It’s no secret that the coronavirus pandemic has hit the entire entertainment industry hard, from movie theaters to TV production to theme parks. Walt Disney in particular has endured blows across its many different businesses, given its leadership position at the box office, its vast media networks business, and of course, Disney parks and resorts across the world.
Disney detailed most of its financial woes during its fourth-quarter earnings report two weeks ago, with revenue down 23% from the prior year to $14.7 billion and the company swinging to a loss of $710 million (though notably beating Wall Street forecasts nevertheless). For the fiscal year, the ongoing COVID-19 crisis has had an adverse impact of $7.4 billion to the company, which operated at a net loss in fiscal 2020.
In its 10-K filing, released the afternoon before Thanksgiving, Disney laid out in stark detail the myriad ways the pandemic has taken a toll on the company.
Many of those impacts have already been well documented, such as the closure of Disneyland in Anaheim, Calif., since mid-March, and the limited closures (and reduced-capacity re-openings) of Walt Disney World, Disneyland Shanghai and other resorts. Disney’s fleet of cruise ships has been docked since late Q2, and retail stores were shuttered for months. Television and film production was at a standstill for much of this year. With movie theaters closed, the company has canceled theatrical releases and sent certain titles, like the live-action reboot of “Mulan,” straight to its Disney Plus streaming service instead.
Those mangled theatrical plans have resulted in hits to its ad sales and merchandising licensing business, said Disney in the SEC filing.
“COVID-19 impacts could also hasten the erosion of our historical sources of revenue at our Media Networks businesses,” said the company.
With many live sports canceled and TV production delayed, Disney’s TV networks — which include ABC and ESPN — have suffered decreased viewership and ad revenues, as well as “demands for affiliate fee reductions related to certain of our television networks.” The company continues to pay for certain sports rights, including events that are delayed or canceled. Pay-TV packages have experienced “accelerated decline” during the pandemic.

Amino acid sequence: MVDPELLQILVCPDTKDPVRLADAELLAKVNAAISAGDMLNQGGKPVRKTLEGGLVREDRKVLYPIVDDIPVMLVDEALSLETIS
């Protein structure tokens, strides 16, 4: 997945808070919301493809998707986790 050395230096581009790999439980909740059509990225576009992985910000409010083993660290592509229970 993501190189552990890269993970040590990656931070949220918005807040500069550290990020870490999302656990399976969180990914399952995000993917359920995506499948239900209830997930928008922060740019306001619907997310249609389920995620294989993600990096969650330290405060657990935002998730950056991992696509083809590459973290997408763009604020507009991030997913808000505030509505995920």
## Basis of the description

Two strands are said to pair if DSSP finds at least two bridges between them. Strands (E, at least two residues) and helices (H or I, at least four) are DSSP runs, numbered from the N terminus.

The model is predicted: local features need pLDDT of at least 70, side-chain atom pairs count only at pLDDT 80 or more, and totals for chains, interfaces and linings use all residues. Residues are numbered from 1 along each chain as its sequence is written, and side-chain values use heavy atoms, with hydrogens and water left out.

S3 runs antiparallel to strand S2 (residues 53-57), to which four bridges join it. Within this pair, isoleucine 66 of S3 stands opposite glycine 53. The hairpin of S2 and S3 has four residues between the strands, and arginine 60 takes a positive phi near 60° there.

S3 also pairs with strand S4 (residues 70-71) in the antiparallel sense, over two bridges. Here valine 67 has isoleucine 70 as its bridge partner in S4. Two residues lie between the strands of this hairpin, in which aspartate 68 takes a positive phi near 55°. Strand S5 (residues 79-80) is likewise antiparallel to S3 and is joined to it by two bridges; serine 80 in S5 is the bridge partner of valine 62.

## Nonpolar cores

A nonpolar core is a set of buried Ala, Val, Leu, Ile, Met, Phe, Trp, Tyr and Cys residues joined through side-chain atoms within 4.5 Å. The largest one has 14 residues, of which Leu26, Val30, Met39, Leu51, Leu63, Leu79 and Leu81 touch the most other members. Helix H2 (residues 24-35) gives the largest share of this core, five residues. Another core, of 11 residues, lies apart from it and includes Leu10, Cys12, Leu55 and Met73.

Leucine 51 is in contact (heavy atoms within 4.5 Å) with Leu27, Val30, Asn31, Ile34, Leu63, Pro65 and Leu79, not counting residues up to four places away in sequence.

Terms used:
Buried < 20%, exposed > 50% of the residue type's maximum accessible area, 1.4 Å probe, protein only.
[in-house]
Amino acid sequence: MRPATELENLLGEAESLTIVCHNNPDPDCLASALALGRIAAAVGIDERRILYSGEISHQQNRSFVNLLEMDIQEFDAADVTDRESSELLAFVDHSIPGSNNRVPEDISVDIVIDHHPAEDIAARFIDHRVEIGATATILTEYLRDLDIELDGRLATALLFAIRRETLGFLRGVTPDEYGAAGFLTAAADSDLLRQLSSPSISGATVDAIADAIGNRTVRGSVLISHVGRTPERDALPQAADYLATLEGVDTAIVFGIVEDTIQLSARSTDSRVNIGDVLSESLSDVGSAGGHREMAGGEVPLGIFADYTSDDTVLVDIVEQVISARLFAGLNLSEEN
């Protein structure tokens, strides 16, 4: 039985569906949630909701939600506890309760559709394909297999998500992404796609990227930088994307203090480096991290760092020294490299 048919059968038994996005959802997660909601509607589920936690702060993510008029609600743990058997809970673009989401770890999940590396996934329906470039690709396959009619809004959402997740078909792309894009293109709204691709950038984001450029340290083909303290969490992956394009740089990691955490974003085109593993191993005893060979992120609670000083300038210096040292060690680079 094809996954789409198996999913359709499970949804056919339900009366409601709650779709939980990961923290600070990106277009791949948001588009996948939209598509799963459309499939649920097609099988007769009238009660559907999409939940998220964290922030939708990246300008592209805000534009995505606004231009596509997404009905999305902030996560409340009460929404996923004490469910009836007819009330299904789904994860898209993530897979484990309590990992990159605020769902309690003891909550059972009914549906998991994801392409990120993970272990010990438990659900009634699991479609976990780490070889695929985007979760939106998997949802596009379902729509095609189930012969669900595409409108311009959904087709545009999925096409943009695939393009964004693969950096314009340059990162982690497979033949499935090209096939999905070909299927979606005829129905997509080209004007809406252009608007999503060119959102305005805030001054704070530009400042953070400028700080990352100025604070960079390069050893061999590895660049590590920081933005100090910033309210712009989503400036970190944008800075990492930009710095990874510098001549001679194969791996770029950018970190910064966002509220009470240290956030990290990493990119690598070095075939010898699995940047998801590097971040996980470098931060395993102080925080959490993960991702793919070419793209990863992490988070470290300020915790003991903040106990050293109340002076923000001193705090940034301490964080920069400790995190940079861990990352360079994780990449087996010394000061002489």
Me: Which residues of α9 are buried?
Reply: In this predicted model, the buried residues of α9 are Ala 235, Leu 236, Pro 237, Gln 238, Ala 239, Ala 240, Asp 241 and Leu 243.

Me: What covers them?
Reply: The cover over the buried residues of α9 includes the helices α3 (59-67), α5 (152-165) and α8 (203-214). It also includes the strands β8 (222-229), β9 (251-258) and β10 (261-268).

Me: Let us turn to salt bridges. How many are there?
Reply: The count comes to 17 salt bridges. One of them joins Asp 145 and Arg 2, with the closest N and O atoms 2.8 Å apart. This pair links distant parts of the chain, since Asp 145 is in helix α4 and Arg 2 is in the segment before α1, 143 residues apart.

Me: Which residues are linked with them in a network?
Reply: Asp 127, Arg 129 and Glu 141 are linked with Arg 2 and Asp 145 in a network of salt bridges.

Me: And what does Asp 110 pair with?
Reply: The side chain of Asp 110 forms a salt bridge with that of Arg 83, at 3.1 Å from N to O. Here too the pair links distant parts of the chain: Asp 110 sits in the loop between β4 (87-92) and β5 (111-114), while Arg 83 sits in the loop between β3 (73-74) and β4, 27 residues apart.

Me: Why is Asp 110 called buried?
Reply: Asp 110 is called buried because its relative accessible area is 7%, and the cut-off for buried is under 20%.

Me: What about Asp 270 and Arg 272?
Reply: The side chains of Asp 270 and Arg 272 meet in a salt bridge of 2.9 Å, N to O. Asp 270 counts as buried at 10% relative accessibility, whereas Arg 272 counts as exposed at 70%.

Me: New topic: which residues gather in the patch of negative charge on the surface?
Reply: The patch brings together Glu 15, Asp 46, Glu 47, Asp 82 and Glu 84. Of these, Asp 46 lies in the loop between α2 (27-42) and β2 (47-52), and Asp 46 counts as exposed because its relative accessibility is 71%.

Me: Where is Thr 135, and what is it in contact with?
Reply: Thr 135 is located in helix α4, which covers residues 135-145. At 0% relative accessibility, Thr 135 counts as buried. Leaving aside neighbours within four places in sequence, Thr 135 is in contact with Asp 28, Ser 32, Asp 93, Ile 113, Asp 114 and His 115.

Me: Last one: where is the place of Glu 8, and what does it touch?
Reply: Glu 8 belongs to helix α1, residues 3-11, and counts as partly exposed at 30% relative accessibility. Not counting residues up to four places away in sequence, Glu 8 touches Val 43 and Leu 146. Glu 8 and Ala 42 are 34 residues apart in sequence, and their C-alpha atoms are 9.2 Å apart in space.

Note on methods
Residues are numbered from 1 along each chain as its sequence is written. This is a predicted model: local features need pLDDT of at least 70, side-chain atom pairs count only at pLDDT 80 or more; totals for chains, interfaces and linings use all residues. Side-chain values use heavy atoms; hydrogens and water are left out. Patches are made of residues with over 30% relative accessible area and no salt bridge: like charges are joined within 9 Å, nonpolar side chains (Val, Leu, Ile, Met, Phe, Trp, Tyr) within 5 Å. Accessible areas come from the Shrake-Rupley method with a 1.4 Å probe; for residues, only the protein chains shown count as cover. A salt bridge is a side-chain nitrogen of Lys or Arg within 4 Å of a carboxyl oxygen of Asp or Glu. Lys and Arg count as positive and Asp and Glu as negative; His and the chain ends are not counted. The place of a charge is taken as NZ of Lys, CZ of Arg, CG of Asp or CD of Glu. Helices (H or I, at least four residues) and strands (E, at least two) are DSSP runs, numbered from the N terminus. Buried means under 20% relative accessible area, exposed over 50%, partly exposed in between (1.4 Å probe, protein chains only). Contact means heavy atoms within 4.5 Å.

And even as TV and film production has slowly begun to pick back up, Disney has “incurred costs to implement health and safety measures and productions will generally take longer to complete.”
The impact of the crisis on consumers and business owners is also being felt, as people fall behind rent and begin to tighten their wallets.
“We have granted rent waivers to some of our tenants, and they have not paid rent while certain of our facilities have been closed,” reads the filing. “We have experienced increased returns and refunds and customer requests for payment deferrals. Collectively, our impacted businesses have historically been the source of the majority of our revenue.”
And getting theme parks back into gear does not guarantee attendance. Disney’s parks and resorts have seen lower demand since opening the gates again, said the company.
Disney expects the financial toll of the coronavirus pandemic to stretch out through its fiscal 2021, at the very least.
Like many corporate entities struggling to contain the impact of the pandemic on their balance sheets, Disney noted in its 10-K that among the financial impacts, its debt ratings have been cut — and may be further downgraded in the future — as a result. It may also have to engage in all manner of methods to reduce its cost, such as cutting back on film and TV content investments. In April, the company entered into an additional $5 billion credit agreement and noted during its Q4 earnings release that it would forego its semi-annual dividend for the back half of the year.
Still, despite all of that, investors appear relatively bullish on Disney, as the company emphasizes its streaming efforts and realigns its corporate structures to focus on a digital-first future. (See: Disney Plus’ whopping 73.3 million paying subscribers in its first year on the market.) Shares of the company are trading at pre-pandemic levels, and chief executive Bob Chapek expressed bullishness in the company’s Q4 earnings report.
“Even with the disruption caused by COVID-19, we’ve been able to effectively manage our businesses while also taking bold, deliberate steps to position our company for greater long-term growth,” he said.